4. ACKNOWLEDGMENT

The authors acknowledge medical writing support from Cathie Bellingham p h d of New Evidence, which was funded by Boehringer Ingelheim (Canada).

5. CONFLICT OF INTEREST DISCLOSURES

We have read and understood Current Oncology ’s policy on disclosing conflicts of interest, and we declare the following interests: BM has received honoraria for advisory board participation from Eli Lilly, Hoffmann–La Roche, Pfizer, and Boehringer Ingelheim. JR has received honoraria from Eli Lilly, Boehringer Ingelheim, and AstraZeneca. KP has consulted for and received payment from 3M, Abbott, Akesis, Akros, Alza, Amgen, Astellas, Baxter, Boehringer Ingelheim, Celgene, Centocor, Cipher, Eli Lilly, Forward Pharma, Isotechnika, Janssen, Janssen Biotech (Centocor), Johnson and Johnson, Kataka, Kirin, Kyowa, Lypanosys, Meiji Seika Pharma, Medical Minds, Merck, Mitsubishi Pharma, Novartis, Pfizer, Takeda, UCB, Vertex, and Wyeth. DS has consulted for, or been on the advisory boards of, Easton Associates, SAIC, Trinity Partners, Coleman Research Group, Frankel Group, Align2Action, Amgen Canada, Hoffmann–La Roche Canada, Pfizer Canada, Boehringer Ingelheim Canada, Transport Canada, and Guidepoint Global/Warburg Pincus; has had grants paid to his institution from the U.S. National Institutes of Health, the U.S. Department of Defense, AstraZeneca, Hoffmann–La Roche Canada, and Pfizer Canada; has been a speaker for Pfizer Canada, AstraZeneca Taiwan, University of Michigan/ swog , Ventana, iaslc , University of Texas San Antonio, American Radium Society, and the 5th International Pulmonary Congress; and has received royalties from Springer. NBL and RS have no conflicts of interest to declare.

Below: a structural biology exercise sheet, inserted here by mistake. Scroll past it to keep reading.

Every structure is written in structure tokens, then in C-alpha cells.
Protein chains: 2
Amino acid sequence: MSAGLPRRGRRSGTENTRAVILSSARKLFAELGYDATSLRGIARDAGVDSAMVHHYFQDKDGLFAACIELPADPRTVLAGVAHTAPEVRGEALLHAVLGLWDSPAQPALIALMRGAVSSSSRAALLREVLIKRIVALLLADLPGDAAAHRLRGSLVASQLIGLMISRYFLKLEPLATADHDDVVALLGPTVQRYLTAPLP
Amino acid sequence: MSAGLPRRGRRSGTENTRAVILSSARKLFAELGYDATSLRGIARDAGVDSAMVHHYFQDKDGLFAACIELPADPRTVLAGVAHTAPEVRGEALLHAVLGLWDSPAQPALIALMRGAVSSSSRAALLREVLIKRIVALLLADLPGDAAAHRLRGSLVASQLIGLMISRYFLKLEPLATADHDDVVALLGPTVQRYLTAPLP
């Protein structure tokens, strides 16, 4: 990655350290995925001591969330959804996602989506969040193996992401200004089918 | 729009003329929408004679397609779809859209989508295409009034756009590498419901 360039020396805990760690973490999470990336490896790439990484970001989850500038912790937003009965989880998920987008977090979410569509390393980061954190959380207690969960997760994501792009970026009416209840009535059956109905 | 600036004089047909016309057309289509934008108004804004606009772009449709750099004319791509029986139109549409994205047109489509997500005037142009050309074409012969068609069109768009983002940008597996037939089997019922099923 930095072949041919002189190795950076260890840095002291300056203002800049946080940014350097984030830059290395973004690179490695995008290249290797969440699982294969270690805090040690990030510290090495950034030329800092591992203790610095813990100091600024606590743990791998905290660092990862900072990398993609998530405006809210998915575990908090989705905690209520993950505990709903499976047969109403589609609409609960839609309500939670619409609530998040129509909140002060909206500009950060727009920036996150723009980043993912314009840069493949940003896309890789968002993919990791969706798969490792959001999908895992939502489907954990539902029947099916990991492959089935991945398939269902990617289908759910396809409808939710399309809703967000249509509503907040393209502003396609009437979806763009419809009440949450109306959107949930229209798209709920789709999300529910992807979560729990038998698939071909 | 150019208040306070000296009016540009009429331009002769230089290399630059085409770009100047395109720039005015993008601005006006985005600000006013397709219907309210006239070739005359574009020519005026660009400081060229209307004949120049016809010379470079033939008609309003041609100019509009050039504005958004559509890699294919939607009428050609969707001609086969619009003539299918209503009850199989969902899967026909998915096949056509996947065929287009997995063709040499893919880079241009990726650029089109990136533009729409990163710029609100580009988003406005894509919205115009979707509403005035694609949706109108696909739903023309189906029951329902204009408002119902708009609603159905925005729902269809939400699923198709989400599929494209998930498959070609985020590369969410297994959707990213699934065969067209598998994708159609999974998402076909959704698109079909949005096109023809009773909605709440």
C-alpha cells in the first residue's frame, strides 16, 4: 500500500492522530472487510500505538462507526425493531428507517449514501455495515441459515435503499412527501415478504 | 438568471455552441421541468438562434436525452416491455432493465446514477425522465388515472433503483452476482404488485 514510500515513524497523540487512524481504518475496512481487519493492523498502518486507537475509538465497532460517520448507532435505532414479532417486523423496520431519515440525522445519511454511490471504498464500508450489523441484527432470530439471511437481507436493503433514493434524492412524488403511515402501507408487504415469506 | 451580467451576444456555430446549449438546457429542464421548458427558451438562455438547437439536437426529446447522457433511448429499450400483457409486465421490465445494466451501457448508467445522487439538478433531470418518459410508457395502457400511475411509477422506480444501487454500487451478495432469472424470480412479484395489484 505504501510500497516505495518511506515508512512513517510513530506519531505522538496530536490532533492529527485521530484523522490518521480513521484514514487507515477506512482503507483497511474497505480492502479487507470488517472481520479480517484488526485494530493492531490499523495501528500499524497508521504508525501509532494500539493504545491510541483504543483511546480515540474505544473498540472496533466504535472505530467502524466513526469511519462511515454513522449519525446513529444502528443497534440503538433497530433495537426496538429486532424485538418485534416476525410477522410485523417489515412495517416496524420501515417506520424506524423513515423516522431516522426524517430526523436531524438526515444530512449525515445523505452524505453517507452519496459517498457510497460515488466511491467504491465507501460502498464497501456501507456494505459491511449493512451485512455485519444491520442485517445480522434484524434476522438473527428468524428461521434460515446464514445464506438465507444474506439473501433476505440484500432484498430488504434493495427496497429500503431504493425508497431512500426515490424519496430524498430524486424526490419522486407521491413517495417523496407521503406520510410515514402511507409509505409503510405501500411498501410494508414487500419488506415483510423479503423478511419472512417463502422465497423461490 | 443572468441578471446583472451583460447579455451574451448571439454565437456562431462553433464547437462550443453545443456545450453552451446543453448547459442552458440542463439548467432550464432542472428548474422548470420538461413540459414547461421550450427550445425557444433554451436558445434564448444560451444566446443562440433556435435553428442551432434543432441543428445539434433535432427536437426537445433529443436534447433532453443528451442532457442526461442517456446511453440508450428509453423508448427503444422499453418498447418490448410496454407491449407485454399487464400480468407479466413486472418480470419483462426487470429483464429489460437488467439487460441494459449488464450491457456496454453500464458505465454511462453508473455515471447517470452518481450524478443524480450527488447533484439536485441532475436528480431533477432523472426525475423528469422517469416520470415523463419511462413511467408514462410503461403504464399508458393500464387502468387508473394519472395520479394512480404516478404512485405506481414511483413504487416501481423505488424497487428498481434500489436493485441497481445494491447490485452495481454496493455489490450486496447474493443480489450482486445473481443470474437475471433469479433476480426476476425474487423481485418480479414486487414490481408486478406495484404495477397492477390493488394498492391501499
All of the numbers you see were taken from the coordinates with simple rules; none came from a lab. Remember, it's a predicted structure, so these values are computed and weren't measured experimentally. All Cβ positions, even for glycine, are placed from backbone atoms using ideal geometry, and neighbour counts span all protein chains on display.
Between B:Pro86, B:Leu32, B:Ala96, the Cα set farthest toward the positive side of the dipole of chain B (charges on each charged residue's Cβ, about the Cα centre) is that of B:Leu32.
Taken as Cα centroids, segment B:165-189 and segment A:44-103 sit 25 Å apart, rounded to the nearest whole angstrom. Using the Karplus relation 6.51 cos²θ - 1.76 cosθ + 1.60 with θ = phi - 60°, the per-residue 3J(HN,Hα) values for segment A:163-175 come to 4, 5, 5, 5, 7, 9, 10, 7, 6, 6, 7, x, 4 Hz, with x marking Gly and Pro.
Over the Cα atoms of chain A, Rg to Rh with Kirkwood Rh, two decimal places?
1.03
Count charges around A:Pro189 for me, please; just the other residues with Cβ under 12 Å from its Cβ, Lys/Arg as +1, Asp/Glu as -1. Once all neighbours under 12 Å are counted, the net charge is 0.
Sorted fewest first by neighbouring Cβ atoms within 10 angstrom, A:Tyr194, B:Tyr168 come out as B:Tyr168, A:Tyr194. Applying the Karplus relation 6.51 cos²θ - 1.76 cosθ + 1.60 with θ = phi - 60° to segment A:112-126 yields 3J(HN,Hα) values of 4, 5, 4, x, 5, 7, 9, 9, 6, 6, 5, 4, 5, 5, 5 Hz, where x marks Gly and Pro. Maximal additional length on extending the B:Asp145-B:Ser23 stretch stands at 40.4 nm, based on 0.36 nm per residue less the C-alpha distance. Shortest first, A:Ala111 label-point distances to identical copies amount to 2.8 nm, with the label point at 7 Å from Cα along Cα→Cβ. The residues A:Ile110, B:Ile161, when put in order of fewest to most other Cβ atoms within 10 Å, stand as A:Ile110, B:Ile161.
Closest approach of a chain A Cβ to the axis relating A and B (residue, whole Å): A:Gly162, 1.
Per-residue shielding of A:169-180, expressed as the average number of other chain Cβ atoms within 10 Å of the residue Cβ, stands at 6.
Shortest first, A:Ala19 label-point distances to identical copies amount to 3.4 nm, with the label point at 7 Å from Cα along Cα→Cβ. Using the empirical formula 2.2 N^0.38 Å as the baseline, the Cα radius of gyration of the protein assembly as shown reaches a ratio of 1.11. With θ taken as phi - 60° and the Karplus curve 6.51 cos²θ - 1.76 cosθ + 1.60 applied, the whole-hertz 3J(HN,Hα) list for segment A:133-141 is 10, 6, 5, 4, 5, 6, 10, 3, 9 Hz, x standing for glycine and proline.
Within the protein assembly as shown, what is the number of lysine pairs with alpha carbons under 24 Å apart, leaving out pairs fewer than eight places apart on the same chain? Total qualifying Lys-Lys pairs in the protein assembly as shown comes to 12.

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Correspondence to: Barbara Melosky, BC Cancer Agency, 600 West 10th Avenue, Vancouver, British Columbia V5Z 4E6. E-mail: bmelosky@bccancer.bc.ca

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Current Oncology , VOLUME 22 , NUMBER 2 , April 2015